Trans-Siberian Main Line celebrates centenary
Russian Railways says Trans-Siberian Main Line celebrates centenary. A bridge in Khabarovsk across the Amur River was opened to regular traffic on 5 October 1916, completing the last stretch of the Trans-Siberian Main Line.
At 2,568 metres, the construction became the longest bridge in Eurasia at the time thus became known as the " Amur Miracle."
The Trans-Siberian is the longest railway line in the world, with a total length of 9,288.2 km. The Trans-Siberian begins at Yaroslavl railway station in Moscow and ends at Vladivostok on Russia's Pacific coast.
Construction of the Great Siberian Route, as it was then known, began in the town of Kyperovskaya Pad near Vladivostok in May 1891. The then 23-year-old crown Tsarevich Nicholas Alexandrovich, the future emperor Nicholas II, loaded a wheelbarrow full of earth, took it to the embankment and laid the station's foundation stone to the strains of an orchestra.
Subsequently renamed the Trans-Siberian, the line linked up European Russia with Siberia and the Far East.
The line now passes through 8 time zones and across two continents, with 19.1% of the length lying in Europe and 80.9% in Asia. It cuts through 11 oblasts, 5 territories, 2 republics, 1 autonomous region of the Russian Federation and 88 cities and crosses 16 major rivers.
The line is the longest of any passenger route in the world.
Train No. 1/2 Russia takes 6 days and 10 minutes to cover the distance between Moscow and Vladivostok.
The Trans-Siberian plays an important role in Russia's social and economic development.
The regions through which the line passes extract 65% of Russia's coal, account for 20% of the country's oil refining and produce 25% of its timber production.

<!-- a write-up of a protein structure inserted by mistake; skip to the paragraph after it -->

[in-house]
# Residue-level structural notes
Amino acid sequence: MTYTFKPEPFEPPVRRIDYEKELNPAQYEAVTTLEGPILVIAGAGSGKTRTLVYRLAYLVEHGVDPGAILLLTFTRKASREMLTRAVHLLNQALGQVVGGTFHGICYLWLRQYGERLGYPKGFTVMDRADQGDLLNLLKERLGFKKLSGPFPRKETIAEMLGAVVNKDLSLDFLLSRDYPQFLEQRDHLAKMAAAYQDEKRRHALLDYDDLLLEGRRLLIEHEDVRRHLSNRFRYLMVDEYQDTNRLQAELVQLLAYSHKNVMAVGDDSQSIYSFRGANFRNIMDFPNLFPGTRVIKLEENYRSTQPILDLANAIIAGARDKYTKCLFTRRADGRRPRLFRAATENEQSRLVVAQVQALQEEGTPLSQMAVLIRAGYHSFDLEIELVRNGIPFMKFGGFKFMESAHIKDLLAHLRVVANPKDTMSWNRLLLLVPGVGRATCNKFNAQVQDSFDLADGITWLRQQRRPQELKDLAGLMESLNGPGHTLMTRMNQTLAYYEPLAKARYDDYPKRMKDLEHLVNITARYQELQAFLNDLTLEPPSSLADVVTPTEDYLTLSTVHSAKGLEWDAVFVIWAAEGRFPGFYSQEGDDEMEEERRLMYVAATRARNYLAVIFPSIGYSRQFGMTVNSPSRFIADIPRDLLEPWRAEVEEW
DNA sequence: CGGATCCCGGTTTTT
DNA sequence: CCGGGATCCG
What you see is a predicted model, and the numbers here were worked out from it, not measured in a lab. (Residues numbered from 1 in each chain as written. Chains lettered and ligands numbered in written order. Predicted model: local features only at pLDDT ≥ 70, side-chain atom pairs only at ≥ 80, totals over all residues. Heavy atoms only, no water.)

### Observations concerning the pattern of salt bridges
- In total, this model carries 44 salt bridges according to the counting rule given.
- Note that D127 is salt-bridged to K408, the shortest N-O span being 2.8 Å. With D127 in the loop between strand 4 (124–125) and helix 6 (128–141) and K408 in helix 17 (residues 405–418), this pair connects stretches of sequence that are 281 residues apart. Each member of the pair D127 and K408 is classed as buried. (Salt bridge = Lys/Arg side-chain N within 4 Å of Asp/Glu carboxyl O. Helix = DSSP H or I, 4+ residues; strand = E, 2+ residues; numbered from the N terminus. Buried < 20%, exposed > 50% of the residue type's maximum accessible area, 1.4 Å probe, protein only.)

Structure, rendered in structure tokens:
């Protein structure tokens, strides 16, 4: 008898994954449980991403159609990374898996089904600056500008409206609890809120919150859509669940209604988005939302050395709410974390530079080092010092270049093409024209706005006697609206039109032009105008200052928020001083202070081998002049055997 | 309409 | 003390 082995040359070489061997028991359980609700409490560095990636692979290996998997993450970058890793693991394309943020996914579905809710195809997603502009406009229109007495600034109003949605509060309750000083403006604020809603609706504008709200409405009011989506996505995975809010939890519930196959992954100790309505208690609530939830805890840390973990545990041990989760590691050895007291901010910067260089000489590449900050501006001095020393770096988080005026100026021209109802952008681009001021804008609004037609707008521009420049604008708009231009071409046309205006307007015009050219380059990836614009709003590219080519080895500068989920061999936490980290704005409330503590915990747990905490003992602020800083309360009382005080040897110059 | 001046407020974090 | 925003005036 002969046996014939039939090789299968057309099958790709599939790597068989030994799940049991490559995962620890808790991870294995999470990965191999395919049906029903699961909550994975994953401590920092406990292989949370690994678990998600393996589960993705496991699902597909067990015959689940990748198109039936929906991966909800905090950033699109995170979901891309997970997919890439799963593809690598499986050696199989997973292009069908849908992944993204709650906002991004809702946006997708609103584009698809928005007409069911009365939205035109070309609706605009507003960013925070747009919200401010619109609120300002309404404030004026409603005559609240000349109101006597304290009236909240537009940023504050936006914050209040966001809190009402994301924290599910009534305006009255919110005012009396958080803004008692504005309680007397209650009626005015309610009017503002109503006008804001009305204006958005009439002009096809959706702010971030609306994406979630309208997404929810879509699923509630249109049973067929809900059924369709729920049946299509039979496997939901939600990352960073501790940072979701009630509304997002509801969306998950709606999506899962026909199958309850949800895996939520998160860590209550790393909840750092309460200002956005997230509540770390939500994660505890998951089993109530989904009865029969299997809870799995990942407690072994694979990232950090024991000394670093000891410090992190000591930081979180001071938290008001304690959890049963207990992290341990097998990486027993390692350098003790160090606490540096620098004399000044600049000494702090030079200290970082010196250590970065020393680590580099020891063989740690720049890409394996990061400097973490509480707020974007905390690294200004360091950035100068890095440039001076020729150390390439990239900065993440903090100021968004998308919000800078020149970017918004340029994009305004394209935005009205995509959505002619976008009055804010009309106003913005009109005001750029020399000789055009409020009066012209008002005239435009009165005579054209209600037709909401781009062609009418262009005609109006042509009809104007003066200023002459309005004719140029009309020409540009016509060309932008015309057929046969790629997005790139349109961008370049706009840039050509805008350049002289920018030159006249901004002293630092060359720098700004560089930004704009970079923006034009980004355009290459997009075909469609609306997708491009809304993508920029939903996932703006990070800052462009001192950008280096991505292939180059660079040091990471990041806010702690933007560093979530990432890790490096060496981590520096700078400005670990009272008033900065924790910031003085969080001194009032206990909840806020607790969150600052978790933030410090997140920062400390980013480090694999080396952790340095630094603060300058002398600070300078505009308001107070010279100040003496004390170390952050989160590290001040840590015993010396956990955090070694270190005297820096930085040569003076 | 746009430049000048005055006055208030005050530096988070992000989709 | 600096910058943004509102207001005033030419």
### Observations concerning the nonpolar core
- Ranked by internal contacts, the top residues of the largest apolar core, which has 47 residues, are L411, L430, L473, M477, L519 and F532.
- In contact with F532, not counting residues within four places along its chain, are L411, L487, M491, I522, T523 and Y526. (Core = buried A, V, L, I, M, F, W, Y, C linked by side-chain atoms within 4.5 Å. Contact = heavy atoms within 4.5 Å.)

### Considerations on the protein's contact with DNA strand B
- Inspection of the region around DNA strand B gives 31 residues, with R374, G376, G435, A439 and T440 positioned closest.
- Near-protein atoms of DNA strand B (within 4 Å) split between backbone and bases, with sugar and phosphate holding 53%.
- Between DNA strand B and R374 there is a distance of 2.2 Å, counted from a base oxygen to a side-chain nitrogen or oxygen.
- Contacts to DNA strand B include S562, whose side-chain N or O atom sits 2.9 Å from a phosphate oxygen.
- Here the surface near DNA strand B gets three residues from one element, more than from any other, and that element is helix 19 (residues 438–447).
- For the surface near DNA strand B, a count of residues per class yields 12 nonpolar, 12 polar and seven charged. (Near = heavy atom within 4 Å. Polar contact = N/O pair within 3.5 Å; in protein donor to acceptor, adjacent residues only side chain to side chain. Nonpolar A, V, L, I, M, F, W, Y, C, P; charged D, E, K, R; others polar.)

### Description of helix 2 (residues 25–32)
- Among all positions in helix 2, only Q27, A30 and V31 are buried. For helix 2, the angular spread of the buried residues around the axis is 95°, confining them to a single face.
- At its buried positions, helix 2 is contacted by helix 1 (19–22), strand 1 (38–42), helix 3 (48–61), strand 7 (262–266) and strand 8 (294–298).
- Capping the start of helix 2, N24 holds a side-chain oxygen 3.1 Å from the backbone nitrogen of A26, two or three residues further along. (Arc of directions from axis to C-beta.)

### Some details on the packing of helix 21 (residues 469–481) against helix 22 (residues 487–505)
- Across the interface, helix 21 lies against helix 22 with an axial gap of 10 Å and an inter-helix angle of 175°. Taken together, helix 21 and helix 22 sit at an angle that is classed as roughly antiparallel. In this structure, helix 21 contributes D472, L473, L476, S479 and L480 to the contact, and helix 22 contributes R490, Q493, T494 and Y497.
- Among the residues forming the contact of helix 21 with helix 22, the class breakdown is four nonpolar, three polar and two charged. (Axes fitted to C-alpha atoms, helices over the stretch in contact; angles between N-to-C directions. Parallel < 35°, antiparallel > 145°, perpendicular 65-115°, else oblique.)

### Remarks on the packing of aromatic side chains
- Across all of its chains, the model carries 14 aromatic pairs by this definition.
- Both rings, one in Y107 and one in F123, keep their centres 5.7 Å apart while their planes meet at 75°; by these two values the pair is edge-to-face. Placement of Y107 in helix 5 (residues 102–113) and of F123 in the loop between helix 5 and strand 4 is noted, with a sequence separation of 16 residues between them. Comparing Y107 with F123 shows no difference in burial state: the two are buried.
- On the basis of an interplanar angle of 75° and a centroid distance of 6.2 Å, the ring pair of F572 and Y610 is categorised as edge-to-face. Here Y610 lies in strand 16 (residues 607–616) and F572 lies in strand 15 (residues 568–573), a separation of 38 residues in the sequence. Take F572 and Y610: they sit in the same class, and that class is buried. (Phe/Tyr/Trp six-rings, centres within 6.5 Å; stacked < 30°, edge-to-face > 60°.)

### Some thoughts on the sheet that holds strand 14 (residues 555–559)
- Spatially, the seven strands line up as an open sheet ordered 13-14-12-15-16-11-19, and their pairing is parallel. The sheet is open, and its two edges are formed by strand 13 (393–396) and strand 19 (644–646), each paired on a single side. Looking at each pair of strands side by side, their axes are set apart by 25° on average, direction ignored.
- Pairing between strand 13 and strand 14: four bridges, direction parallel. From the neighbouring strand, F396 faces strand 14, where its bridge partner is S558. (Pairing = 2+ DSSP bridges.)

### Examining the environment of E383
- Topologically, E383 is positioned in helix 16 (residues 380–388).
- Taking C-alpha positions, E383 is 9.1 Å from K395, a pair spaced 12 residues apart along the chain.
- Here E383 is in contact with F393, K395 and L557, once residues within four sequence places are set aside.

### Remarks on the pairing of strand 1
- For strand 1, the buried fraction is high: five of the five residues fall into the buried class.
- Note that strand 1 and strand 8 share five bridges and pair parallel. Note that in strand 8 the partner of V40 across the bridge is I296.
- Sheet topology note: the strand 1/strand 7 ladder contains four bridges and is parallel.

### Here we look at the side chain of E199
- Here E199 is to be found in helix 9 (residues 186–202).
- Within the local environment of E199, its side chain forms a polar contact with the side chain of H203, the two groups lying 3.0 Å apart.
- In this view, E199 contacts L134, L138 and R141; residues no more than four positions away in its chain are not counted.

The Trans-Siberian provides access to the Far East using the rail networks of North Korea, China, Mongolia and Kazakhstan and to the West and European countries via Russia's ports and border crossings.
In 2015, the Trans-Siberian transported 113.1 million tons of freight on export, import and transit routes.
Russian Railways is implementing the project "Trans-Sib in 7 days", which allows shippers to deliver freight within a week from Russia's Far Eastern seaports to the country's western borders.
Since 2013, Russian Railways has been implementing a railway infrastructure development project in Russia's eastern region with regard to the Baikal-Amur (BAM) and Trans-Siberian Main Lines.
This project is being carried out by order of the President of the Russian Federation and the Government. Its completion by 2020 will enable Russian companies to export annually up to an additional 66 million tons of freight, which will contribute to the growth of industrial production, job creation, creation of conditions for the sustainable development of Siberia and Russia's Far East. Total investment in the project will amount to 562 billion roubles.
During 2013-2015, Russian Railways spent 148.1 billion roubles on modernising BAM and the Trans-Siberian, developing and lengthening 97 km of station tracks, building 154 km of second tracks, modernising and renovating about 3,000 km of track and laying 1,500 turnout switches.